Diddy and his Bad Boy camp taught hip-hop how to spend loot. Not some gambino-type Infiniti shit, I am talking Maybach shit. Nevertheless, somewhere between B.I.G.'s passing, Mase's retirement and subsequent failed return, and Shyne's imprisonment, Bad Boy became irrelevant. Diddy was drinking Cristal back when Pharrell was still spending his "Humpty Dance" royalties. But that doesn't hold much weight now when Skateboard P now cops Enzos from his cell phone. Diddy's latest offering is being released in a hip-hop climate where spending exorbitant amounts of money is not enough to garner much more than a passing glimpse from Clipse hangers-ons.
To one up the game on his album, Press Play, Diddy needs to go bigger as only he can. To do this, he's employed a stable of hip-hop's A-list to assist on collaborations, production and writing. Much has been said about Diddy's ghostwriting, but let's be serious: Diddy doesn't write rhymes, he writes checks. Game peep game.
It's hard to complain about the writing when Press Play features lyrics by the likes of Nas, T.I., Pharoahe Monche and Royce Da 5'9". Pharoahe in particular laces Diddy with heat: "Inject this dose of the future / tap them veins / grab hold let me shoot ya / mainline this new Diddy heroin." Diddy delivers the stunted bars in true Pharoahe form, condensing and stretching them across the slow basslines of the two Havoc (of Mobb Deep)-produced tracks.
Beyond these tracks, the album is expectedly pop-oriented. A dichotomy inevitably arises with respect to the dance tracks and the tracks "for the ladies." On the former, Diddy excels. He's got a golden ear for beats and is best boasting over tracks like "Diddy Rock" alongside Twista and Shawnna. On "Wanna Move," Big Boi lassos the funky beat in and tucks the track neatly into his back pocket, pounding back against the bass with a verse that oozes confidence and flavor. "Tell Me," with Christina Aguilera in full "Dirrty" mode, is another banger. The Just Blaze beat features percussive claps that very well could double as ass slaps, given the strip club appeal of the beat - I heard this joint in Wizzard's last Friday. True story.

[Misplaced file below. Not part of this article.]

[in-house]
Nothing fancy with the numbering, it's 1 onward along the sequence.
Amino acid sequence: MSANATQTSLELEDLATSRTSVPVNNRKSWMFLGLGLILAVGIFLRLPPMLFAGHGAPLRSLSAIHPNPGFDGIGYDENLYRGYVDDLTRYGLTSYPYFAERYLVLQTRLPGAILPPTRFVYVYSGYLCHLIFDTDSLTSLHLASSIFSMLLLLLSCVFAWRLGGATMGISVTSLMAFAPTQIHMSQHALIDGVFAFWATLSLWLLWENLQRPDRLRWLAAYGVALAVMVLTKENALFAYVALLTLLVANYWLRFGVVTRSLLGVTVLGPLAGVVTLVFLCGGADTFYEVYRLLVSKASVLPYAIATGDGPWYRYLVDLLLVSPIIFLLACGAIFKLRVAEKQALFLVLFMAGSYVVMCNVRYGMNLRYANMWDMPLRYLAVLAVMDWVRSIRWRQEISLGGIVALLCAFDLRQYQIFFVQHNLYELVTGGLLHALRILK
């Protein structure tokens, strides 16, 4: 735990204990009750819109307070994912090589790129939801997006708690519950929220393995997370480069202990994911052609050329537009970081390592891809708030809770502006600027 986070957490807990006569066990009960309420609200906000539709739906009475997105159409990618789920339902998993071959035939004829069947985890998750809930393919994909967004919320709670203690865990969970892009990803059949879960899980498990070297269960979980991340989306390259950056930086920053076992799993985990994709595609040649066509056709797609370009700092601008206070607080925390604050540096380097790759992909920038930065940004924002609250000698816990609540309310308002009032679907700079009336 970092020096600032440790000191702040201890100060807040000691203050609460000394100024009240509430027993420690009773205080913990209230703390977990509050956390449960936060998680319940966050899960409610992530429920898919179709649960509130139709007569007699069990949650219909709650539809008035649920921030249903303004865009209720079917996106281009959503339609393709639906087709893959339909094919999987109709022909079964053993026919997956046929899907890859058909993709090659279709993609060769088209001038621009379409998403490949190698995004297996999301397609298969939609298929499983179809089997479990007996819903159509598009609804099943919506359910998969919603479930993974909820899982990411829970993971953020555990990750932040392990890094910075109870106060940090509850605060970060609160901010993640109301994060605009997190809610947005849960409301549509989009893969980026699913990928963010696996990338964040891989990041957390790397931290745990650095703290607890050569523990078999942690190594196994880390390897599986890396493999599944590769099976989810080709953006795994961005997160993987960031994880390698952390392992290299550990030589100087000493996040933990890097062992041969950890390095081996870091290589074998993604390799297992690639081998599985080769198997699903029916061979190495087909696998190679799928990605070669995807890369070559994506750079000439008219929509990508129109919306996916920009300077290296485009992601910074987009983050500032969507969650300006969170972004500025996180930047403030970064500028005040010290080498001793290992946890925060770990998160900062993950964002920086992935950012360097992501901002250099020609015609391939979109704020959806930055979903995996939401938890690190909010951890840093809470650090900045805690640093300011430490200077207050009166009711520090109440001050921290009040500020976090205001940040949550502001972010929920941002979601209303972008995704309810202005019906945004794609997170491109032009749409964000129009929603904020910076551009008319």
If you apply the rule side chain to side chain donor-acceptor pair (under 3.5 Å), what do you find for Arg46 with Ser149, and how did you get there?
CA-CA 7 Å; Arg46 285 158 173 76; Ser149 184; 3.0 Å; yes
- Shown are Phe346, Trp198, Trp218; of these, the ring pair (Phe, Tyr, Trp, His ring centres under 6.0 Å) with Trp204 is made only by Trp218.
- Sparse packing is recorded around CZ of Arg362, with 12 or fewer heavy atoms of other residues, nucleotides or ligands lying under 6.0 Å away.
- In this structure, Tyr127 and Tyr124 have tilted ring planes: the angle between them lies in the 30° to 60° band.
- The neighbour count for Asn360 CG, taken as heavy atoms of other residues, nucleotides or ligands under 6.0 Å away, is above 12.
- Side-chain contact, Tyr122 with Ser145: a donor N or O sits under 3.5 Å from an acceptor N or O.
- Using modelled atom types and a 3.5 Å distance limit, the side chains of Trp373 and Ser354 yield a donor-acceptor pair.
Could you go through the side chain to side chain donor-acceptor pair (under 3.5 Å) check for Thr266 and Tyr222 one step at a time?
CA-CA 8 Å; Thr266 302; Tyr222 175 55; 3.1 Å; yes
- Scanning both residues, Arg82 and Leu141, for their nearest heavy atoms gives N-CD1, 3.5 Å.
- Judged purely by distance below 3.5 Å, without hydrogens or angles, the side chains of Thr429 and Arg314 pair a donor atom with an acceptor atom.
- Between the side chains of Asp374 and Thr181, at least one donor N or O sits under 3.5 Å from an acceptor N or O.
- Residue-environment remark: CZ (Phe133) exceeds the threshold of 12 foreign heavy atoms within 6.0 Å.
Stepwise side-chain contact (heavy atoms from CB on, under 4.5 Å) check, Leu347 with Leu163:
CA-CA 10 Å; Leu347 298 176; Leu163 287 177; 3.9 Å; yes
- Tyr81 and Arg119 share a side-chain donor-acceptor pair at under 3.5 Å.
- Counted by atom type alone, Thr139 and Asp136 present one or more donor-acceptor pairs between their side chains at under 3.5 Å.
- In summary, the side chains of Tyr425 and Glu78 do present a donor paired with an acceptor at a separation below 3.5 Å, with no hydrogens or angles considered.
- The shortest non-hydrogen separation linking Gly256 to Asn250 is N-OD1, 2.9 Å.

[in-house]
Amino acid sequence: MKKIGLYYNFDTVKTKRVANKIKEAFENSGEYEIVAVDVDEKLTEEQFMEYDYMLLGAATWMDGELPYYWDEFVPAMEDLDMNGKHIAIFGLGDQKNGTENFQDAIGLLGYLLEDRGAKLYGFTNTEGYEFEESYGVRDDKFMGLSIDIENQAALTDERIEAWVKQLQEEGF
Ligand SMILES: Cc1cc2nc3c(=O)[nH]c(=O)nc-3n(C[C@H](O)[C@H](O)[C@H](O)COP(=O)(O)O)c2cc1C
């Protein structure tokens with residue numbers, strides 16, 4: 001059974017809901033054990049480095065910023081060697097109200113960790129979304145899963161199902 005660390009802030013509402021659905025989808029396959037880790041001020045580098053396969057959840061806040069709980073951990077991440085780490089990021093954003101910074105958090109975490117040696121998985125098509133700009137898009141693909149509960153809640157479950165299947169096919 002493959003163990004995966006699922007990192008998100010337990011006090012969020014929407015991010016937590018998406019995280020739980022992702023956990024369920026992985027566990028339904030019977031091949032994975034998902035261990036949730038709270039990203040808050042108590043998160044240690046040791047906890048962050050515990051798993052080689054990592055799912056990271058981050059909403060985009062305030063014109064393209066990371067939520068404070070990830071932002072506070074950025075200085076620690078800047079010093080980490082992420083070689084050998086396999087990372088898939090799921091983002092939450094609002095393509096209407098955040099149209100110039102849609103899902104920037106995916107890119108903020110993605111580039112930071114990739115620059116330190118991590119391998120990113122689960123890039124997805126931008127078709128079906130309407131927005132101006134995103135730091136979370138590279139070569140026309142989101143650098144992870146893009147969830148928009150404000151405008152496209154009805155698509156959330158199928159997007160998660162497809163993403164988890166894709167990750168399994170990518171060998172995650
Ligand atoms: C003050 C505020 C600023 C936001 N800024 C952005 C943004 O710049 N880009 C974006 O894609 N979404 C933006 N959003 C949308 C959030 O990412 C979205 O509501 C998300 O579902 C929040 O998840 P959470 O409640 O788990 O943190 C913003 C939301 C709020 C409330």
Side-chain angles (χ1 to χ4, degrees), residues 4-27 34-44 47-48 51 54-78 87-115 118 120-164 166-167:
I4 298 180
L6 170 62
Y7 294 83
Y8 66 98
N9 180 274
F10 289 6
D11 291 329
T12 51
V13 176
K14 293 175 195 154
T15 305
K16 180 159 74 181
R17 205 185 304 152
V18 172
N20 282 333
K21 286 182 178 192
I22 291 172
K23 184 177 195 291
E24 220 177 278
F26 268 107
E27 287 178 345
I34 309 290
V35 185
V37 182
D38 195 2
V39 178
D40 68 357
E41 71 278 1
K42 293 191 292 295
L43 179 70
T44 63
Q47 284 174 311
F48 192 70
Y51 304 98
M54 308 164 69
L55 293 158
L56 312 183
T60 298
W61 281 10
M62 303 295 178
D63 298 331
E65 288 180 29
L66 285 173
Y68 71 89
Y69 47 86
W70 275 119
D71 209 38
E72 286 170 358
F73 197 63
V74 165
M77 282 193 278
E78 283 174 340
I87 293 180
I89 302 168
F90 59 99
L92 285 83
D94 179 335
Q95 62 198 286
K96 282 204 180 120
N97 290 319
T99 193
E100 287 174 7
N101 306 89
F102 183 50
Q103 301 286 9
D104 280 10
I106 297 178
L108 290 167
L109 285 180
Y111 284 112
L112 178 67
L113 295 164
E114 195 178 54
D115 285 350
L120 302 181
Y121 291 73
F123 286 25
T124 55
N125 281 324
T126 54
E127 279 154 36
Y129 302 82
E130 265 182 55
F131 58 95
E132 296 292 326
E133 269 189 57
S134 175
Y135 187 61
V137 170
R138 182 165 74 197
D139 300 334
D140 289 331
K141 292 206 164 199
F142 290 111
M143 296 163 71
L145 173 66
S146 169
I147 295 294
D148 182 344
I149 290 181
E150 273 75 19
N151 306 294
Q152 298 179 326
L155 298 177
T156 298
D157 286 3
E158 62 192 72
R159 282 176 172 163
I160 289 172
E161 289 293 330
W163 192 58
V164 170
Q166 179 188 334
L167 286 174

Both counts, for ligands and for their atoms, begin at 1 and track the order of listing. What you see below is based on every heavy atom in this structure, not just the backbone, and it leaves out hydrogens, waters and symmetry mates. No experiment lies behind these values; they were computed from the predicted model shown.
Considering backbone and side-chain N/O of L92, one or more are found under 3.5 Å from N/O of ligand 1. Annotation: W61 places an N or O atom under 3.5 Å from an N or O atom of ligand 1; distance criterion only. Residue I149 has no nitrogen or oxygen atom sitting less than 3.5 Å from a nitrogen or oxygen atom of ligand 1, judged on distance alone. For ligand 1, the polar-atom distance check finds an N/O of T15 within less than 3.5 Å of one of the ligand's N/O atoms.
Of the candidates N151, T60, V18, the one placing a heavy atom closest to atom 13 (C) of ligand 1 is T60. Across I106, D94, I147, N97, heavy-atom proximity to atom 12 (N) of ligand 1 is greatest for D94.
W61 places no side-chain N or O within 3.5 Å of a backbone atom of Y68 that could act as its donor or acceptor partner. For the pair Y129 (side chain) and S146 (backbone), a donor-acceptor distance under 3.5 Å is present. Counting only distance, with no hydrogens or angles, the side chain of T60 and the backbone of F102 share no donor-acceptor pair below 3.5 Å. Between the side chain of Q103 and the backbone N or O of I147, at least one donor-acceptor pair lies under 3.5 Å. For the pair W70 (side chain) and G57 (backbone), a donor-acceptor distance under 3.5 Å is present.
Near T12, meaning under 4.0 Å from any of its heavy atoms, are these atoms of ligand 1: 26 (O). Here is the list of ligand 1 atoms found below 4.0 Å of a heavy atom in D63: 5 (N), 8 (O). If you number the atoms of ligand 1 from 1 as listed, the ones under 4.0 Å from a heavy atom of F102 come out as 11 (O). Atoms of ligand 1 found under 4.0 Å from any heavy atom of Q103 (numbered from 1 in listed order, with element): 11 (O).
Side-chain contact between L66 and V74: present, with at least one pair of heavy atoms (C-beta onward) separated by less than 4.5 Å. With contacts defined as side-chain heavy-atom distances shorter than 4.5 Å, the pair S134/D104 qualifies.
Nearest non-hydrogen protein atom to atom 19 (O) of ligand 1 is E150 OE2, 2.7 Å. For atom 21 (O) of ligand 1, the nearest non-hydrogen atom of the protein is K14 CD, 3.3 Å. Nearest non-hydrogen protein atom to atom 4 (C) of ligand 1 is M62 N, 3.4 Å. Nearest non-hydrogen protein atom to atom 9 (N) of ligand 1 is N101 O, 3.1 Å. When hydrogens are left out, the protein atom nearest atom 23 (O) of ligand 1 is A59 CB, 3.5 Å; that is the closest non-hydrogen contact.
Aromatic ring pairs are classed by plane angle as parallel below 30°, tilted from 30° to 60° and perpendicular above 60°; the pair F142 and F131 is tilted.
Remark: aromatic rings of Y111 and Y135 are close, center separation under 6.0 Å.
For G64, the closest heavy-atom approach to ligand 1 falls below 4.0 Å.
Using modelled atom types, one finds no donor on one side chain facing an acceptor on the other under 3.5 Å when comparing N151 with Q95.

Surprisingly, Will.I.Am delivers the most original track on the album. He apes Prince as best he can, and the beat feels more like dance-grime than anything in American hip-hop at the moment.
Originality aside, the album's best song is true hip-hop and an absolute triumph. "Everything I Love" effortlessly meshes the soulful stylings of Cee-Lo, the streetwise lyricism of Mr. Jones and an exuberant beat by Kanye West. Part "Touch the Sky," part "The Corner," Kanye brings a punching bass, set against regal trumpets and a towering gospel organ.
Though the tail-end of the album drowns in syrupy R&B, Diddy is entertaining. The dude is so over the top that he insisted on including a montage of himself finger-banging a random crotch and giving big-ups to God as Ms. Doe stands naked at the window in the liner notes. He tries too hard at times - as when he tries to tap into the coke rap genre with fabricated lines like "Half a ounce sniffer / high as I ever been (high as I ever been)" - but trying too hard has always been Diddy's MO (I mean, come on, those fucking shiny suits, man).
The album succeeds as it should, with great dance music. Diddy may whiff on the R&B, but by all means, shake your ass to this.